Two recent graduates of the school’s Master of Animal Handling (Chiropractic) program did not hesitate to recommend the university. Natalie McQuiggan said that she had wanted to do McTimoney Chiropractic from a very young age, “but the process of doing it always seemed really daunting.
“But from the start, the staff and teachers were lovely and welcoming, and queries were answered promptly. I have really enjoyed my two years in the Master of Animal Handling (Chiropractic) program and would recommend anyone thinking of doing it to just do it.”
Pollyanna Fitzgerald said the university offered a supportive and welcoming learning environment, allowing her to grow and develop as a student and future professional. “There is always someone to talk to and offer encouragement when needed. As a student I have learned a lot and have been encouraged to believe in myself and it has been a wonderful place to learn.”
A free webinar, McTimoney’s Animal Chiropractic as a Careeron January 24 at 7:30 p.m. (GMT), is open to those who wish to learn more about the McTimoney technique and its application, and the training paths available to those interested in becoming a McTimoney Animal Chiropractor.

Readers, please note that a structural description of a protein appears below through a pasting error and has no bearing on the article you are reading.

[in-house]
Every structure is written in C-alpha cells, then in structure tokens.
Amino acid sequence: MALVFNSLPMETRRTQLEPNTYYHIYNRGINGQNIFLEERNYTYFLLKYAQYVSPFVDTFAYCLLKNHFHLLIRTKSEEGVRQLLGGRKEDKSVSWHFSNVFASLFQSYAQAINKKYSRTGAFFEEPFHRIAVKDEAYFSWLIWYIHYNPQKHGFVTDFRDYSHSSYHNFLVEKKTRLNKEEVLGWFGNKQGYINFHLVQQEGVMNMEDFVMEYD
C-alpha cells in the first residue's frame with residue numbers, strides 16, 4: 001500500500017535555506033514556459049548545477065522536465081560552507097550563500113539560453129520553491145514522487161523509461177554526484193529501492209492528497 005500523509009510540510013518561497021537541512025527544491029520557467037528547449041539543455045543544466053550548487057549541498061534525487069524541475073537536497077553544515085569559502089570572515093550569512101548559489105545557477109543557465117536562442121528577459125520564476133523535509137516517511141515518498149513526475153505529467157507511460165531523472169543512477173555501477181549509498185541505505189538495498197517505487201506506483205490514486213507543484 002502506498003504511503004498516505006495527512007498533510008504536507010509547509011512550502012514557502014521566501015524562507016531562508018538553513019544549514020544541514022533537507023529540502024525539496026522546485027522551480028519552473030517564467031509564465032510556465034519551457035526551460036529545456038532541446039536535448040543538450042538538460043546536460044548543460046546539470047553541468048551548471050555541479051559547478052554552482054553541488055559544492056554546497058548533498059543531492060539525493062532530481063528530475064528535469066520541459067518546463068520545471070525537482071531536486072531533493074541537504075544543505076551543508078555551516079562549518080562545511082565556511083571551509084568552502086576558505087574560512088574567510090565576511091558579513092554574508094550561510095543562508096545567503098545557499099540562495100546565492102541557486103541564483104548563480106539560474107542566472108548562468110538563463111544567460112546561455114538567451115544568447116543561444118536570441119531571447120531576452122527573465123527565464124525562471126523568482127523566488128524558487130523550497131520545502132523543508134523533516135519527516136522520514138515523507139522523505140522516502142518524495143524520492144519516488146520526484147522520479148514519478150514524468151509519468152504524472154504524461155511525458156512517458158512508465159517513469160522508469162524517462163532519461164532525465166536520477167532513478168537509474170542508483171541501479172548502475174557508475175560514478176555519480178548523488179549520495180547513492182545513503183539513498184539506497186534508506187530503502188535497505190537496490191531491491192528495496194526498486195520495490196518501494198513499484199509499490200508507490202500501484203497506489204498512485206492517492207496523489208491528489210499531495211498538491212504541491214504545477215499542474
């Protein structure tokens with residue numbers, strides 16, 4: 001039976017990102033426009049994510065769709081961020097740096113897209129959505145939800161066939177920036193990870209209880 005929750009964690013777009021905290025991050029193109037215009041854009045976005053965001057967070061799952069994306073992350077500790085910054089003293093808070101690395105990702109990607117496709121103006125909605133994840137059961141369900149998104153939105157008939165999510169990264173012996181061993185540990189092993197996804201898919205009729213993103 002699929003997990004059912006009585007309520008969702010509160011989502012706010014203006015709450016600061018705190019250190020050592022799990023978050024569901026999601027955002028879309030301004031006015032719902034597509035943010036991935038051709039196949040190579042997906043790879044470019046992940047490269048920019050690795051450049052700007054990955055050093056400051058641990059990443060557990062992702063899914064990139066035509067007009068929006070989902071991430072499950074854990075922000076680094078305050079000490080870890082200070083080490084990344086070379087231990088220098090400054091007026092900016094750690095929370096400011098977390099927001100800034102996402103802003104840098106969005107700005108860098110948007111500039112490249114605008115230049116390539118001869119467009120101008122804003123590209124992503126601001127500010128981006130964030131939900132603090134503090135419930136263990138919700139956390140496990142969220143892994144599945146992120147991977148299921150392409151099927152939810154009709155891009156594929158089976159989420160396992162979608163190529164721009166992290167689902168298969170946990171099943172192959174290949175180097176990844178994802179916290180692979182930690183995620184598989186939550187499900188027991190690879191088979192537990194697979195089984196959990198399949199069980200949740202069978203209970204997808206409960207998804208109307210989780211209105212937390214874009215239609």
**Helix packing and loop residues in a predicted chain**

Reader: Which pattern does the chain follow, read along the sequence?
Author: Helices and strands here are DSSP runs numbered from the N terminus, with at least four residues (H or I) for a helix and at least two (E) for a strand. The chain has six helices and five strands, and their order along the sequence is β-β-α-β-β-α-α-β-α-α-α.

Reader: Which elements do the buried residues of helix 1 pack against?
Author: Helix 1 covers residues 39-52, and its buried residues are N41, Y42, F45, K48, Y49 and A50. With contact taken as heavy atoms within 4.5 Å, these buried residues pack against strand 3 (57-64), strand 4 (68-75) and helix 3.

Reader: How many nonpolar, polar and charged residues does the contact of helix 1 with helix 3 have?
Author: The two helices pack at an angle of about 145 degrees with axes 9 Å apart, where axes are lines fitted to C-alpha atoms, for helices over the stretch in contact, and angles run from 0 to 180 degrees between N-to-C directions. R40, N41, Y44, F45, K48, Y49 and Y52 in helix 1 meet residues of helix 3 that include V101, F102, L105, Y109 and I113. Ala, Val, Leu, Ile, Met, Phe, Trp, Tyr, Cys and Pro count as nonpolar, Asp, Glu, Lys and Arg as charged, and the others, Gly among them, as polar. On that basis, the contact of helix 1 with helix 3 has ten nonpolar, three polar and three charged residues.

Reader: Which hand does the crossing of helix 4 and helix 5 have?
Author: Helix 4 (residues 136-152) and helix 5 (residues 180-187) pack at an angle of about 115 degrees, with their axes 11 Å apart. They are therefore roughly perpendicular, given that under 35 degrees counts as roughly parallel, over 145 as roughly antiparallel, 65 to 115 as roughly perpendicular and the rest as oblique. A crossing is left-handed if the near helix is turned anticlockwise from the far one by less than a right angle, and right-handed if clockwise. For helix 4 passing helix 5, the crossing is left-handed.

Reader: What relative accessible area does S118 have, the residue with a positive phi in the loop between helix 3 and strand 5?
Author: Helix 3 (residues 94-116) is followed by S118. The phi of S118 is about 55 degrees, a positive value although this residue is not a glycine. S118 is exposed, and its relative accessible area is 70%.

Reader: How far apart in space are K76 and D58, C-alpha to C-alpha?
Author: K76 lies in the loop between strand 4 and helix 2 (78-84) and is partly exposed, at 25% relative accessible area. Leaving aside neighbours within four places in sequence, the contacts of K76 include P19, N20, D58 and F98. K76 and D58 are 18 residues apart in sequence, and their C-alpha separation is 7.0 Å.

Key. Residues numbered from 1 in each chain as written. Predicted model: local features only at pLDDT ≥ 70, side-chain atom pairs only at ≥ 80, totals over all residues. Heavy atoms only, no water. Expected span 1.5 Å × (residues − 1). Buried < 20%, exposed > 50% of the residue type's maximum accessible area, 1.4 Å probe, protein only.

I think this announcement is puzzling on several levels:
- I was unable to find an ‘Abingdon-based University, Oxford’; could it be this institution that is a college and not a university?
- Christina Cunliffe seems to be (or has been?) affiliated with the McTimoney College of Chiropractic which is a bit odd, in my opinion.
- The college does not have ‘decades of experience’; it was founded only in 2001.
- Most importantly, I am unable to find a jot of good evidence that veterinary chiropractic is effective for any condition (see also here, here, and here). In case anyone is aware of any, please let me know. I’d be delighted to revise my judgment.